O my Lord! art Thou not our Pattern and our Master? Indeed Thou art. And in what did Thine honour consist, O ever honoured Master and King? Didst Thou lose it in being humbled even unto death? No, Lord, Thou didst thereby gain it and didst win graces for us all. Therefore, sisters, how far we shall err from the right path if we follow this way, for it leads us wrong from the very beginning. May He grant that no soul may be lost through observing these miserable points of etiquette without realizing in what true honour consists. At last we come to believe that we have done a great thing when we forgive some trifle which was neither an affront nor an injury nor anything of the sort, nor gave us any just cause for resentment. Then afterwards, as if we had done some virtuous action, we petition God to forgive us because we have forgiven others. Give us grace O Lord! to know that we do not understand what we are saying, and that all such souls come to Him as empty-handed as I do myself. Grant this for the sake of Thy loving mercy. Indeed, O Lord! I see nothing that I can offer worthy to obtain from Thee so great a gift, for all earthly things perish, but hell is eternal: yet I plead to Thee for souls who think that others are always injuring and insulting them.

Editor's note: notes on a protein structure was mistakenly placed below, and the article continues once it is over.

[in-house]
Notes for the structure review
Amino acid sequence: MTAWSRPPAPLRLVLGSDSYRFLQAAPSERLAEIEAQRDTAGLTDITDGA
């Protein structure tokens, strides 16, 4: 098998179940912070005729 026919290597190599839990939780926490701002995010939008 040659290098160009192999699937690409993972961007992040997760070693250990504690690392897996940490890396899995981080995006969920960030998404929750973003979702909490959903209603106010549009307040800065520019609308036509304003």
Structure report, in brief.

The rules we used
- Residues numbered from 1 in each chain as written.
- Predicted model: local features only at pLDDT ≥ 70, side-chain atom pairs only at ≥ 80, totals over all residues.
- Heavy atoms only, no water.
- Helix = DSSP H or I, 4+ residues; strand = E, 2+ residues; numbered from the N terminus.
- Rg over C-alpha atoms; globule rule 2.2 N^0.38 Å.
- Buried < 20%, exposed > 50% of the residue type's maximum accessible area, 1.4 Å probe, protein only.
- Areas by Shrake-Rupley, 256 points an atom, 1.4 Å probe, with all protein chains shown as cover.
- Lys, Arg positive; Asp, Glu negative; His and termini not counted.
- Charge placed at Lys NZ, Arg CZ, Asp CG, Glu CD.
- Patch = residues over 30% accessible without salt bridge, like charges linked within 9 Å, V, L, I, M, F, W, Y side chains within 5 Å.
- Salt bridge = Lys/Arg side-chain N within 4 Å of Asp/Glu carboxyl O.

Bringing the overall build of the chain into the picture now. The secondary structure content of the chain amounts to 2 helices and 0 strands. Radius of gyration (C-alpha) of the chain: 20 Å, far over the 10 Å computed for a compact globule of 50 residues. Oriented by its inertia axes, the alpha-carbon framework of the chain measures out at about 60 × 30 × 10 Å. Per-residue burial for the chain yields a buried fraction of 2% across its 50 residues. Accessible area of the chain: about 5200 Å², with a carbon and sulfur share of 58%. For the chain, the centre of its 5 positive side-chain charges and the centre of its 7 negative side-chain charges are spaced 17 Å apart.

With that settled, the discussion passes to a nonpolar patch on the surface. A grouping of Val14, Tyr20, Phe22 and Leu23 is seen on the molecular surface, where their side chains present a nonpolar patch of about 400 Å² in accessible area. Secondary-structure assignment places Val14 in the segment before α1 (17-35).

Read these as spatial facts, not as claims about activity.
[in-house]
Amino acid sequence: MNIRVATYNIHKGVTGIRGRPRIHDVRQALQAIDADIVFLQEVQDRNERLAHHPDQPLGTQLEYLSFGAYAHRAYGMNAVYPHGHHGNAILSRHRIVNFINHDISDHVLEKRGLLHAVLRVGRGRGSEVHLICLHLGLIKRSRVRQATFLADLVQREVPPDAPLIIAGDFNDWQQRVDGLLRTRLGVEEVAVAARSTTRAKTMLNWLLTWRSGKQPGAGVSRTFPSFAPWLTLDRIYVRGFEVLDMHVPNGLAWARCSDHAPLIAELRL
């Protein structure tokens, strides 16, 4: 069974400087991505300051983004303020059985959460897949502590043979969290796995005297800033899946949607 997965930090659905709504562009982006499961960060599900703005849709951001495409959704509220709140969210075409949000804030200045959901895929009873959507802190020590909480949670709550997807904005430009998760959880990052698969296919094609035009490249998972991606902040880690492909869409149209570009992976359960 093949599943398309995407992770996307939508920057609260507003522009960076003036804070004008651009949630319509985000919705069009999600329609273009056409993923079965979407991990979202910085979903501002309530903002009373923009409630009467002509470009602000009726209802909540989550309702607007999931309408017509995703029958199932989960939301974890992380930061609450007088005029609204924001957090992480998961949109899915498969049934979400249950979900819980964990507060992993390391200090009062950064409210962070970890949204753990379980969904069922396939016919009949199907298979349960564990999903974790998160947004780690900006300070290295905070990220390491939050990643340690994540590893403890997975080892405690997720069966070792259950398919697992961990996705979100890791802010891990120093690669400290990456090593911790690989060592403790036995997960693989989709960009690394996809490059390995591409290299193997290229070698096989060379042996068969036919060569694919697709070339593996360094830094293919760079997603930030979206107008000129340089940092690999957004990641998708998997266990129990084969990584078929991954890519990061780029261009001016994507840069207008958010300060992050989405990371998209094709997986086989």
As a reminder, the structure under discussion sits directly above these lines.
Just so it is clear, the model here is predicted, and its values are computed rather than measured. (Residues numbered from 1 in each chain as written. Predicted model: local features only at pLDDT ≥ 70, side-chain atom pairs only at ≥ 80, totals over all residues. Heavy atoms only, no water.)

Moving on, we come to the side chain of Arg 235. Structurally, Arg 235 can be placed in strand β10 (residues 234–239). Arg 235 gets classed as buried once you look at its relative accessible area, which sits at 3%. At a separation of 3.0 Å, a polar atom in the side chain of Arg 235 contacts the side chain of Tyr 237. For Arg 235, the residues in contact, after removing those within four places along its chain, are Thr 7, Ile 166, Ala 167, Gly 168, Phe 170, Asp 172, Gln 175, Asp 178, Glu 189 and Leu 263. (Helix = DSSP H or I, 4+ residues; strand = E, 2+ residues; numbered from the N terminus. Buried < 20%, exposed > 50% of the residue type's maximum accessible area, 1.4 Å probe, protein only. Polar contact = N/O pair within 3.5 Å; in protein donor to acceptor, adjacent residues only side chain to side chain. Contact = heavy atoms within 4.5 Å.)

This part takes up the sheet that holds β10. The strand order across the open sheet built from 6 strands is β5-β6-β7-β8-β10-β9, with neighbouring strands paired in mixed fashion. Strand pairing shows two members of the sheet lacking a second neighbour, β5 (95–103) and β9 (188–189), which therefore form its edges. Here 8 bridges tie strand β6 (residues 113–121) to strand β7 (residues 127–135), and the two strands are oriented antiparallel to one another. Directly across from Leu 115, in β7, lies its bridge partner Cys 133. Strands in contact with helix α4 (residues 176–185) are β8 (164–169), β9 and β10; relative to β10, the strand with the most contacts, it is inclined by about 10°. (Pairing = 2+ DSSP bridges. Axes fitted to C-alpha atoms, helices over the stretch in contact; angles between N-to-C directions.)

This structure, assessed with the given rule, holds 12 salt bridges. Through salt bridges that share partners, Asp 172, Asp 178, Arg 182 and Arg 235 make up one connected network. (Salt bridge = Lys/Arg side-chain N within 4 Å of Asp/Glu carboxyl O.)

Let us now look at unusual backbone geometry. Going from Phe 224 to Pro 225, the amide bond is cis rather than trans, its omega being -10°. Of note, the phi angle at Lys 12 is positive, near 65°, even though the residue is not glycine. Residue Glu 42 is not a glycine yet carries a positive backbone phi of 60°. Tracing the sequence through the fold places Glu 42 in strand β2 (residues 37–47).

Forgive Us Our Trespasses as We Forgive Those Who Trespass Against Us

from St. Louis De Montfort